Gloss, Glossary A gloss is a note appended to any word or phrase for the purpose of interpretation or illustration. "Sacred glosses" are such notes appended to words or phrases occurring in the Scriptures. A glossary is a collection of such explanatory notes properly arranged.
The word gloss is borrowed from the Greek γλῶσσα. But in the sense above explained it has no support from classical usage. The process, however, by which the word passed from its original meaning to that in which it was used by medieval writers, and is which it is now used, may be traced. The Greek word γλῶσσα, meaning tongue or speech, came to be used by the Greek grammarians in the sense of a word requiring to be explained. In process of time words often become obsolete, or come to be used in senses different from those in which they were originally used; new words are introduced; and words frequently have special meanings attached to them of a professional or technical character, familiar only to a portion of the community. To the multitude such words need to be explained; and such words the Greek grammarians called γλῶσσαι. Thus Plutarch speaks of certain axpressions in the poets which were not commonly understood, and which belonged to the idiotisms of particular regions or tribes, as τὰς λεγομένας γλώττας (De audiend. poet. c. 6). Galen applies the same name to the antiquated words of Hippocrates, and explains the term thus: ὅσα τοίνυν τῶν ὀνομάτων ἐν μὲν τοῖς πάλαι χρόνοις συνήθη ῏ην νῦν δὲ οὐκ ἔτι ἐστί, τὰ μὲν τοιαῦτα γλώσσας καλοῦσι. Gloss. Hippocrat. Proem.). Aristotle applies the same term to provincialisms (De arte poet. c. 21, § 4-6; 22:3, 4, etc.). And, not to multiply quotations, a scholiast on Dion. Halicarn., quoted by Wetstein on 1Co 12:10, expressly says γλῶσσαι· φωναὶ ἀρχαῖαι καὶ ἀποξενίσμεναι ἢ ἐπιχωριάζουσαι. Quintilian also says of the synonymous word glosgemata, "Id est voces minus usitatas" (Inst. Orat. 1:8, 15; comp. also 1:1, 35).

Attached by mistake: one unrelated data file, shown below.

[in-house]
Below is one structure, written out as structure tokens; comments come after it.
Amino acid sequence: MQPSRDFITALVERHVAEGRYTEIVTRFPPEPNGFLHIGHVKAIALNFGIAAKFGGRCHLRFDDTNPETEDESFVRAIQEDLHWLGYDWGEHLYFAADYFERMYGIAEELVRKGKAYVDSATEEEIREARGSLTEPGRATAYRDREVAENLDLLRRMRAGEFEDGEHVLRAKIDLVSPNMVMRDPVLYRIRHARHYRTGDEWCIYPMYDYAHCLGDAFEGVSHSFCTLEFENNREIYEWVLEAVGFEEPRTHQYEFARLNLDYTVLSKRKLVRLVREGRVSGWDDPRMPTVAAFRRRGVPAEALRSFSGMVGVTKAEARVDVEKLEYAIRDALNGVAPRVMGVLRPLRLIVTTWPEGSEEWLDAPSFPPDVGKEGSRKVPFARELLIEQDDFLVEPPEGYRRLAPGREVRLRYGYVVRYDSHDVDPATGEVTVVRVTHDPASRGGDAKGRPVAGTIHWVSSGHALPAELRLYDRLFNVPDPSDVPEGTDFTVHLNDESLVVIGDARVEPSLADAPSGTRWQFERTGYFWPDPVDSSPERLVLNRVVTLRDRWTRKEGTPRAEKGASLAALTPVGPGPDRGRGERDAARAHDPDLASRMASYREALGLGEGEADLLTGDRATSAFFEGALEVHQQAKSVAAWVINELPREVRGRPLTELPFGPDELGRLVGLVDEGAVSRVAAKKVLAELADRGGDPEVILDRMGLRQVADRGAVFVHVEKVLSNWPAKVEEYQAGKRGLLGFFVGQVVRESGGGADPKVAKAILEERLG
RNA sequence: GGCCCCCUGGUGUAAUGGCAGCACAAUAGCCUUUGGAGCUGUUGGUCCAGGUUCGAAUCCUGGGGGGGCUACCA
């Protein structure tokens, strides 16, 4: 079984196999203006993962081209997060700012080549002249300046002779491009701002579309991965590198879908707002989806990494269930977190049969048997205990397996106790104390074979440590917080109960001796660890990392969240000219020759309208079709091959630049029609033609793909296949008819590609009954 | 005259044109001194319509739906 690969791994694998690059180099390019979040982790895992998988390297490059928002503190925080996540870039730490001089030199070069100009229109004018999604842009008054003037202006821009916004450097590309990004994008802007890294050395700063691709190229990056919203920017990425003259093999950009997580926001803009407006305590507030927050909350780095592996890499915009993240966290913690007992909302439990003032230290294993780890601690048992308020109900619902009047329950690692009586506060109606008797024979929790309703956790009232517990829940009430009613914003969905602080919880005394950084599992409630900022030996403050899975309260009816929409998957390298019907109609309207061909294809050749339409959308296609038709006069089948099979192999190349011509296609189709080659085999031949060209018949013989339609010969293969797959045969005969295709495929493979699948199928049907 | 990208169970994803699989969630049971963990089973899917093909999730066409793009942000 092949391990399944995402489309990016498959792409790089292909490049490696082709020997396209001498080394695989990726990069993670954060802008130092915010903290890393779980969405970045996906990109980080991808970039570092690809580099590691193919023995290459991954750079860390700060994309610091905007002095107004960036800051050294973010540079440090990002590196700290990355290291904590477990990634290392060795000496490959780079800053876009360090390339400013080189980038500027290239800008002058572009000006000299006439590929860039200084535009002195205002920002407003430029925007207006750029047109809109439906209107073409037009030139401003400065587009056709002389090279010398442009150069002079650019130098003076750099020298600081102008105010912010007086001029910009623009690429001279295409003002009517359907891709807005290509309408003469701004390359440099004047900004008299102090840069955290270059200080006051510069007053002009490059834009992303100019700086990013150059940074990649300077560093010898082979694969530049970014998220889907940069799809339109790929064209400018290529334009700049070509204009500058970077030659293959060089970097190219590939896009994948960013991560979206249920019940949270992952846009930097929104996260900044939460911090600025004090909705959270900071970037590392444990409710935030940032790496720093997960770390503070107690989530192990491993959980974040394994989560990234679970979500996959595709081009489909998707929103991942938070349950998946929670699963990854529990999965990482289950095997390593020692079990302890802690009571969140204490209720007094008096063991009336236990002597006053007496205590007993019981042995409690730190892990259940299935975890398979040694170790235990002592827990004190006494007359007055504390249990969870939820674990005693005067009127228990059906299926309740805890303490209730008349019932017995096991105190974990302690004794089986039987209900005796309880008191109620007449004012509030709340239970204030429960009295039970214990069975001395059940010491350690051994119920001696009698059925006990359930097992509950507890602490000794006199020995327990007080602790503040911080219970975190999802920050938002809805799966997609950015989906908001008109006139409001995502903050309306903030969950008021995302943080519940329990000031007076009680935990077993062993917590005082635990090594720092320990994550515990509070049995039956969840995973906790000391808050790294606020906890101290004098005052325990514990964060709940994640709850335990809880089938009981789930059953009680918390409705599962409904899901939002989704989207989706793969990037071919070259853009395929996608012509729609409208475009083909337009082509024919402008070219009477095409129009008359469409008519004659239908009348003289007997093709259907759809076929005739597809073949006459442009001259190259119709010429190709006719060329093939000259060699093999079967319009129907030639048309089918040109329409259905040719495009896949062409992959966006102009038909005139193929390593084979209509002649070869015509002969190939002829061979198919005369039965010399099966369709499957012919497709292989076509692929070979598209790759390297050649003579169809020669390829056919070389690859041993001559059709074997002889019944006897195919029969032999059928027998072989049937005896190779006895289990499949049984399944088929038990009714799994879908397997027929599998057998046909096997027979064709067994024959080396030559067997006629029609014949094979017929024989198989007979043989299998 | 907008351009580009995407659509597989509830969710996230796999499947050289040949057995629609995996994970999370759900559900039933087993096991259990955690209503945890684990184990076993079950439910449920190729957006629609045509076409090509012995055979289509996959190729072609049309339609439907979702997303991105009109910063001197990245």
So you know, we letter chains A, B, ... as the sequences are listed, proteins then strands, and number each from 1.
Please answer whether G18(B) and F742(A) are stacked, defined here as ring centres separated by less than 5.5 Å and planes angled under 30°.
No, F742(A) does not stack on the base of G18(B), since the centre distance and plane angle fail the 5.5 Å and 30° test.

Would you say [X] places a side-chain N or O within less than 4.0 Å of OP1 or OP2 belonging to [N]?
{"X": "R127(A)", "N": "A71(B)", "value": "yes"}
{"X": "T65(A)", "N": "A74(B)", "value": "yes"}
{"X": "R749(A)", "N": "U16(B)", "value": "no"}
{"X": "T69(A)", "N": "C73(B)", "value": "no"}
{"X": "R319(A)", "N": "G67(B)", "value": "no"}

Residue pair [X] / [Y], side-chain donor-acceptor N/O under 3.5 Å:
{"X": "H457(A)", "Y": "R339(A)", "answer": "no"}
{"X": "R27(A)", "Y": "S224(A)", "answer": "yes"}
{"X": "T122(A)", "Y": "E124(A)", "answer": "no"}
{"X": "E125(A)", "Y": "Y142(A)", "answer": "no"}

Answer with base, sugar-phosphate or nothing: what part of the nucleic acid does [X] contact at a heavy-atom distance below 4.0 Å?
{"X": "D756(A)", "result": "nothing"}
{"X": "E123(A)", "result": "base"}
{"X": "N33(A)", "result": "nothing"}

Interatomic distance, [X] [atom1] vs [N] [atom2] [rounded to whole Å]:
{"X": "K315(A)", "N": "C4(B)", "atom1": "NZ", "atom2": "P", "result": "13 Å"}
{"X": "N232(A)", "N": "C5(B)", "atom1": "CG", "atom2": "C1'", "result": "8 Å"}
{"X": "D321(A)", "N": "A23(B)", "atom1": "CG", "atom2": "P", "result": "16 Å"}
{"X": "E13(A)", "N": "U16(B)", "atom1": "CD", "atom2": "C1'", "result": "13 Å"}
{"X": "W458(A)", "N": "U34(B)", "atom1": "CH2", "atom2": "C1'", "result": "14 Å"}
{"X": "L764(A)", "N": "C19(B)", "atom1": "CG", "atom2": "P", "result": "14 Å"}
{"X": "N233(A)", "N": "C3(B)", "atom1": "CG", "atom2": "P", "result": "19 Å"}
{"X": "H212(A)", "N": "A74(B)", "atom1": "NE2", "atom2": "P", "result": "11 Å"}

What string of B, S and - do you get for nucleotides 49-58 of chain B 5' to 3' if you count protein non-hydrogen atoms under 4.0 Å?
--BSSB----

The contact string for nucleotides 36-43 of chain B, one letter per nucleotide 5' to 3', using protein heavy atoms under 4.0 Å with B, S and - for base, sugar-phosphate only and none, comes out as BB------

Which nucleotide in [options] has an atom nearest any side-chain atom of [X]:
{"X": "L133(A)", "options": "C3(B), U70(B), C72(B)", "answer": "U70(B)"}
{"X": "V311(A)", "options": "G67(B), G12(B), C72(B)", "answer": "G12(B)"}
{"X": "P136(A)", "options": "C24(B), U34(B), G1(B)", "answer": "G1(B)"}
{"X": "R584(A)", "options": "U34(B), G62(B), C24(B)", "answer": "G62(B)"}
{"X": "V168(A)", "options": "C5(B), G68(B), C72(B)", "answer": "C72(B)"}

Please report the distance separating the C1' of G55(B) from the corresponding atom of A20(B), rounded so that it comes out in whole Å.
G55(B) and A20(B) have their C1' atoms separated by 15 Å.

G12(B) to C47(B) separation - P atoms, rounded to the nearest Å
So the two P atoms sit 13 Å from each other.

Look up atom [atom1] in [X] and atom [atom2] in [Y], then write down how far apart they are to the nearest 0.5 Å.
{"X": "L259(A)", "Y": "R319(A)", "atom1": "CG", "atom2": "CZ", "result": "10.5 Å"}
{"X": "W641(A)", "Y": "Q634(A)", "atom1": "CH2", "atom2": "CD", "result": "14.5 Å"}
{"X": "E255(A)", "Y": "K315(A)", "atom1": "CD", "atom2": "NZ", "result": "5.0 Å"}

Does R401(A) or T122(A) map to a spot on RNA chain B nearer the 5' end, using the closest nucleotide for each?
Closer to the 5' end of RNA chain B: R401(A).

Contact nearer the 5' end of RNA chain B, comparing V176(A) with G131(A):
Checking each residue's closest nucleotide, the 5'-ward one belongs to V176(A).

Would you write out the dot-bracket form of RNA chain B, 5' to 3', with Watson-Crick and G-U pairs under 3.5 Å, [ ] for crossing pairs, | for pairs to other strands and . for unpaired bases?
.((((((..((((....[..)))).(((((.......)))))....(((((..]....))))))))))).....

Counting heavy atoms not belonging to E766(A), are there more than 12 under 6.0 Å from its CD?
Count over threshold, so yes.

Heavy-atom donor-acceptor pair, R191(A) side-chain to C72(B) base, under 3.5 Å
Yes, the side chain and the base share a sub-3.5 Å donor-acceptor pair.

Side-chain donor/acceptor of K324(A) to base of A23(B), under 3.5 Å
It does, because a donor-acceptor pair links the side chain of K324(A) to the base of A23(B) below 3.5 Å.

The next step was from calling a word needing explanation a gloss, to apply this term to the explanation itself. These explanations at first consisted merely in adhibiting the word in common use (ὄνομα κύριον, Aristot.) to the obsolete and peculiar word; and thus the two viewed as one whole came to be called a gloss; and ultimately this name came to be given to that part which was of most interest to the reader, viz. the explanation.